How do you feel about failure? If you are like most people, failure makes you uncomfortable. It’s something you want to stay away from. The fact is: fear of failure is a common type of fear that many people have.
I wish I could say that I’m immune to it, but I’m not. Looking back, I can see that I was afraid of failing. I have made progress, but I’m still working on it now.
What should we do then? How can we overcome our fear of failure?
From what I have learned, the first step to overcoming fear of failure is having the right perspective toward failure. Instead of seeing it as something negative, you should see it as something positive.
Here are some positive views about failures:
1. Failure is the price of trying something new.
Einstein once said: “Anyone who has never made a mistake has never tried anything new.”
Like it or not, doing something new involves risks, including the risk of failing. After all, it’s new; you aren’t familiar with it. So it’s likely that you will make some mistakes.
The only way not to fail is to stay where you are and not grow. If you want to grow, however, you must be willing to pay the price of failure.
2. Failure gives you wisdom.
Failure can teach you lessons in a way that others can’t. The fact that you have put your resources into something and get undesired results will leave an impression on you. You will grasp the lesson at a much deeper level than just reading books, for instance.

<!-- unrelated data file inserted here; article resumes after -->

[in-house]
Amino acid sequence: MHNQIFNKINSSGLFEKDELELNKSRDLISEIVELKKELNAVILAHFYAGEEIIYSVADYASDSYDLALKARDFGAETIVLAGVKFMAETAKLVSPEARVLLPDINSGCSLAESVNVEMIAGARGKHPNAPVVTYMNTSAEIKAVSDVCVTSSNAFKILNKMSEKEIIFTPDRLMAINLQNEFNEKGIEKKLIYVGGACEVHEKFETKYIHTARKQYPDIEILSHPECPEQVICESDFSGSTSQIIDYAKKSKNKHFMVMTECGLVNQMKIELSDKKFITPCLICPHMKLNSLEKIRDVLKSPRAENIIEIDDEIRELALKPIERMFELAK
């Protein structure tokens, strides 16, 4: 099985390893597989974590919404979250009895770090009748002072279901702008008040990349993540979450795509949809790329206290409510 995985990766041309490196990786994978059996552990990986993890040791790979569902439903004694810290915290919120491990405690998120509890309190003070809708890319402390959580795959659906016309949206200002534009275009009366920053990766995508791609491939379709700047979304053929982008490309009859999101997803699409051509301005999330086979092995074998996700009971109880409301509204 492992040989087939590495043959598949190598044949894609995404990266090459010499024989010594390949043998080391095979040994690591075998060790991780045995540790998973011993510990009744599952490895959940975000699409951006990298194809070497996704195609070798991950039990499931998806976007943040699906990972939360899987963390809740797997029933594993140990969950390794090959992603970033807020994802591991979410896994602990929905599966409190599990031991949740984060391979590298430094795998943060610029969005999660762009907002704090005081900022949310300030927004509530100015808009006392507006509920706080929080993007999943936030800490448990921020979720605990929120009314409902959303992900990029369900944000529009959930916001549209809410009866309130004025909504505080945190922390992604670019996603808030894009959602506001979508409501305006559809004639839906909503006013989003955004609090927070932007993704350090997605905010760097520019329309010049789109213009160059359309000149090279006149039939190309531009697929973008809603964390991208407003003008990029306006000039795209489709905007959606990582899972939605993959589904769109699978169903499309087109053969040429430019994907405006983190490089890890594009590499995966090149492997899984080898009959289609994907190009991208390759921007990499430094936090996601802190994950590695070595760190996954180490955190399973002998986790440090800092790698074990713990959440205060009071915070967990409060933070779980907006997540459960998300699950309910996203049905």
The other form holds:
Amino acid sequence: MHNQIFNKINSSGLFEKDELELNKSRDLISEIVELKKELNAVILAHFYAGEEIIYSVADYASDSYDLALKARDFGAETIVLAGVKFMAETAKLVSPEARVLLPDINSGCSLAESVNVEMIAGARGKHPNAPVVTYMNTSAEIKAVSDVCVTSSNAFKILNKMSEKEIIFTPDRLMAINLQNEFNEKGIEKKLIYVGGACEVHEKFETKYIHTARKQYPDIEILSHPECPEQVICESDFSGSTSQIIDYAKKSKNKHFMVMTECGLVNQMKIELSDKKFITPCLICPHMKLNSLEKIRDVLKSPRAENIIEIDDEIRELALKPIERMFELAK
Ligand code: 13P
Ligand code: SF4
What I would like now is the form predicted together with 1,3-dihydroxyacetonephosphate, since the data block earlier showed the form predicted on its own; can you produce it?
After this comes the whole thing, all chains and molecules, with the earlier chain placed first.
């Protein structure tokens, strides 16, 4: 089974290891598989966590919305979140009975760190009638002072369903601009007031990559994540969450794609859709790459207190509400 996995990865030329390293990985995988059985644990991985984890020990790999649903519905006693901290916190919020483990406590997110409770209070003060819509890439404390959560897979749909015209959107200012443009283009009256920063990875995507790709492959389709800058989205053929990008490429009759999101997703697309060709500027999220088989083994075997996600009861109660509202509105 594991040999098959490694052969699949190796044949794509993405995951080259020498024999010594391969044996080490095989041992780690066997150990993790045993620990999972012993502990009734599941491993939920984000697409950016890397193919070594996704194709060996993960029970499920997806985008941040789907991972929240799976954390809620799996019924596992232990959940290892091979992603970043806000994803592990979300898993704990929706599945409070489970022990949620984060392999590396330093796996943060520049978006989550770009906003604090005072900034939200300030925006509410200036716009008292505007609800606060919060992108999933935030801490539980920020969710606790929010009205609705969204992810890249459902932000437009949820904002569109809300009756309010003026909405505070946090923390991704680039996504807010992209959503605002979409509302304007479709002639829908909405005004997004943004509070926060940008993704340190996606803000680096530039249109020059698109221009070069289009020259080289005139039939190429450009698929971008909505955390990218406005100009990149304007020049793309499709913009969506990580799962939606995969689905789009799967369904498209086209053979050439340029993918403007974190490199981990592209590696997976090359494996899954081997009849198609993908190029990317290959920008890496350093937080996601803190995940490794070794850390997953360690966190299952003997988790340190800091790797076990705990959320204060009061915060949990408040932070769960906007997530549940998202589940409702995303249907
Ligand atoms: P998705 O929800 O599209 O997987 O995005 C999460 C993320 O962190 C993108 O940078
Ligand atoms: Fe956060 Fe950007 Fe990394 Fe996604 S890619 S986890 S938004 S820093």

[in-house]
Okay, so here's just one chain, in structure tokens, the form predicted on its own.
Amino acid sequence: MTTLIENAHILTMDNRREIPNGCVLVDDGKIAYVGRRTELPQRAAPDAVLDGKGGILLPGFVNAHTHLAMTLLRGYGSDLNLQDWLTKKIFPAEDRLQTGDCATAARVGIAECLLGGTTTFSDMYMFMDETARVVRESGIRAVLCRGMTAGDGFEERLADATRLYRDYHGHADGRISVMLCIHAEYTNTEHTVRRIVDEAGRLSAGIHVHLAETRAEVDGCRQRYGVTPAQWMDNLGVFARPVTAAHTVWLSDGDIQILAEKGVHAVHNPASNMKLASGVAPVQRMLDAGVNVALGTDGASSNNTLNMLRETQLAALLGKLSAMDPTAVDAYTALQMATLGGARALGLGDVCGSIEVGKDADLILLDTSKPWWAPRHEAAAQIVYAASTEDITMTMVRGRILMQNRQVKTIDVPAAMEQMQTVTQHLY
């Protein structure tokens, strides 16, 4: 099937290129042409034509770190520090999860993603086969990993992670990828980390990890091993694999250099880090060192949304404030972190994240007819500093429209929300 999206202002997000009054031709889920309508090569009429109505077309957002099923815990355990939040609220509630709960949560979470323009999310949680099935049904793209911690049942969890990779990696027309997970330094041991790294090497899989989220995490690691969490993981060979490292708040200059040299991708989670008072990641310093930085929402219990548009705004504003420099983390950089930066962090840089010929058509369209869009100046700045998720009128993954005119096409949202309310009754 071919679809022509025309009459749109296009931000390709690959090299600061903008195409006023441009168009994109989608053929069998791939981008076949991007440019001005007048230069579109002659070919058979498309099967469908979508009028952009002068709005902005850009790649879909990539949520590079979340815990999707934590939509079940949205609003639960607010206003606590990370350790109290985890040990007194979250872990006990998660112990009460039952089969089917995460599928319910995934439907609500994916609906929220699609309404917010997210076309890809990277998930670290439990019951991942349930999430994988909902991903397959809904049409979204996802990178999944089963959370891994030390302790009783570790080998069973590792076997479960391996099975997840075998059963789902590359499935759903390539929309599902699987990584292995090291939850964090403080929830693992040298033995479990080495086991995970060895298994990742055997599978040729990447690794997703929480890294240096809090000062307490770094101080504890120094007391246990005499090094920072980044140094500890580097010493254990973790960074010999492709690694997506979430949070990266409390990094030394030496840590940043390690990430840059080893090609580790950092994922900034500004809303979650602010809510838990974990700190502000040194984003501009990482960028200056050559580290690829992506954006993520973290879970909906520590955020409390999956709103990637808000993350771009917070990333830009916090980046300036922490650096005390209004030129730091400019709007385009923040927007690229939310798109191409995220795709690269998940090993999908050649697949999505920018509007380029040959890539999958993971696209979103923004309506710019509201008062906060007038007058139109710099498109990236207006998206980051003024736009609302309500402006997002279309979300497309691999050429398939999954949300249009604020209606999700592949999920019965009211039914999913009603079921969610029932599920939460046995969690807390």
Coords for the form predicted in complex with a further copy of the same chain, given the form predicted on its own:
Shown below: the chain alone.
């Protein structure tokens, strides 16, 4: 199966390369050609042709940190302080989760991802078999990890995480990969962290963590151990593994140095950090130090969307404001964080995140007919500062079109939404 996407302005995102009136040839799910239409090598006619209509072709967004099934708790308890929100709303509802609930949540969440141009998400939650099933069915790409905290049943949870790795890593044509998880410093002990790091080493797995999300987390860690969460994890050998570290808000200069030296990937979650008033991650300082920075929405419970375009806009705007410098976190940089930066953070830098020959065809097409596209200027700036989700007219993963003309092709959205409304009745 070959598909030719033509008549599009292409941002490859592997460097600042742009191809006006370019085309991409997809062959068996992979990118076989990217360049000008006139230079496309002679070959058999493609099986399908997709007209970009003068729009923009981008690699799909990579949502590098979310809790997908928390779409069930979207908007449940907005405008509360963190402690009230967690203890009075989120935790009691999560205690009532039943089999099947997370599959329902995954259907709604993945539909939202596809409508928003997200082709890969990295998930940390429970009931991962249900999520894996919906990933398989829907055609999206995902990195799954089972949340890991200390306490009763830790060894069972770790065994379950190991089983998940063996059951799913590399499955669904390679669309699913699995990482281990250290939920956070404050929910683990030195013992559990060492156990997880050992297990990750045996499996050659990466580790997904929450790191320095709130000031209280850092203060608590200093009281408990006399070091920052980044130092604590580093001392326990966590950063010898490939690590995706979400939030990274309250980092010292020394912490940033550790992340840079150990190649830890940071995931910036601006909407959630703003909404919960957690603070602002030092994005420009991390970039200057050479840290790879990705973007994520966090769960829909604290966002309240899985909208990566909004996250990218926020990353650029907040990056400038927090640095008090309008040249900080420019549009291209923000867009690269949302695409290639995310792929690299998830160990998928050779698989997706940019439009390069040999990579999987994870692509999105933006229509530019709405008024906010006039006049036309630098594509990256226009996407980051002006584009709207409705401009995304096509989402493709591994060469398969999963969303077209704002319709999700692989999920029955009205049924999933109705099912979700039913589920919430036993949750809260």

William Saroyan once said: “Good people are good because they’ve come to wisdom through failure.”
3. Failure tests your enthusiasm.
Failure is inevitable on the way to success. That’s why the important thing is how you respond to it. This includes whether or not you can maintain your enthusiasm. Can you still be enthusiastic even after you fail? Can you still be optimistic? I know this is easier said than done, but this is something we should all learn to do.
Winston Churchill put it this way: “Success is the ability to go from one failure to another with no loss of enthusiasm.”
After having the right perspective toward failure, what should we do? Thomas J. Watson gave us this advice:
Would you like me to give you a formula for success? It’s quite simple, really. Double your rate of failure.
This advice might seem extreme, but I think it’s good advice. It means that you should be willing to have more failures. Or, put another way, you should make more attempts that could lead to failures. Why? Because this means that you are pushing boundaries. You are accelerating your progress. You don’t just stay where you are.
Of course, we are talking about intelligent failures here; just repeating the same mistakes over and over is stupidity.
The story of Stephen King is a good example.
King had wanted to become a writer from a young age. So he wrote short stories and sent them to magazines. But what happened? He got rejected. Again and again. He didn’t stop though. He read the rejection letters, learned from them, and kept writing.
Long story short, he eventually made it in the writing world. And he made it big time.
King’s story is an inspiration to me. He was willing to have failures, and have them often. He learned from them and kept getting better.
So here is what you should do: consider failures as positive and make more attempts. That’s the way you can grow and get better. As George Bernard Shaw once said: A life spent making mistakes is not only more honorable, but more useful than a life spent doing nothing.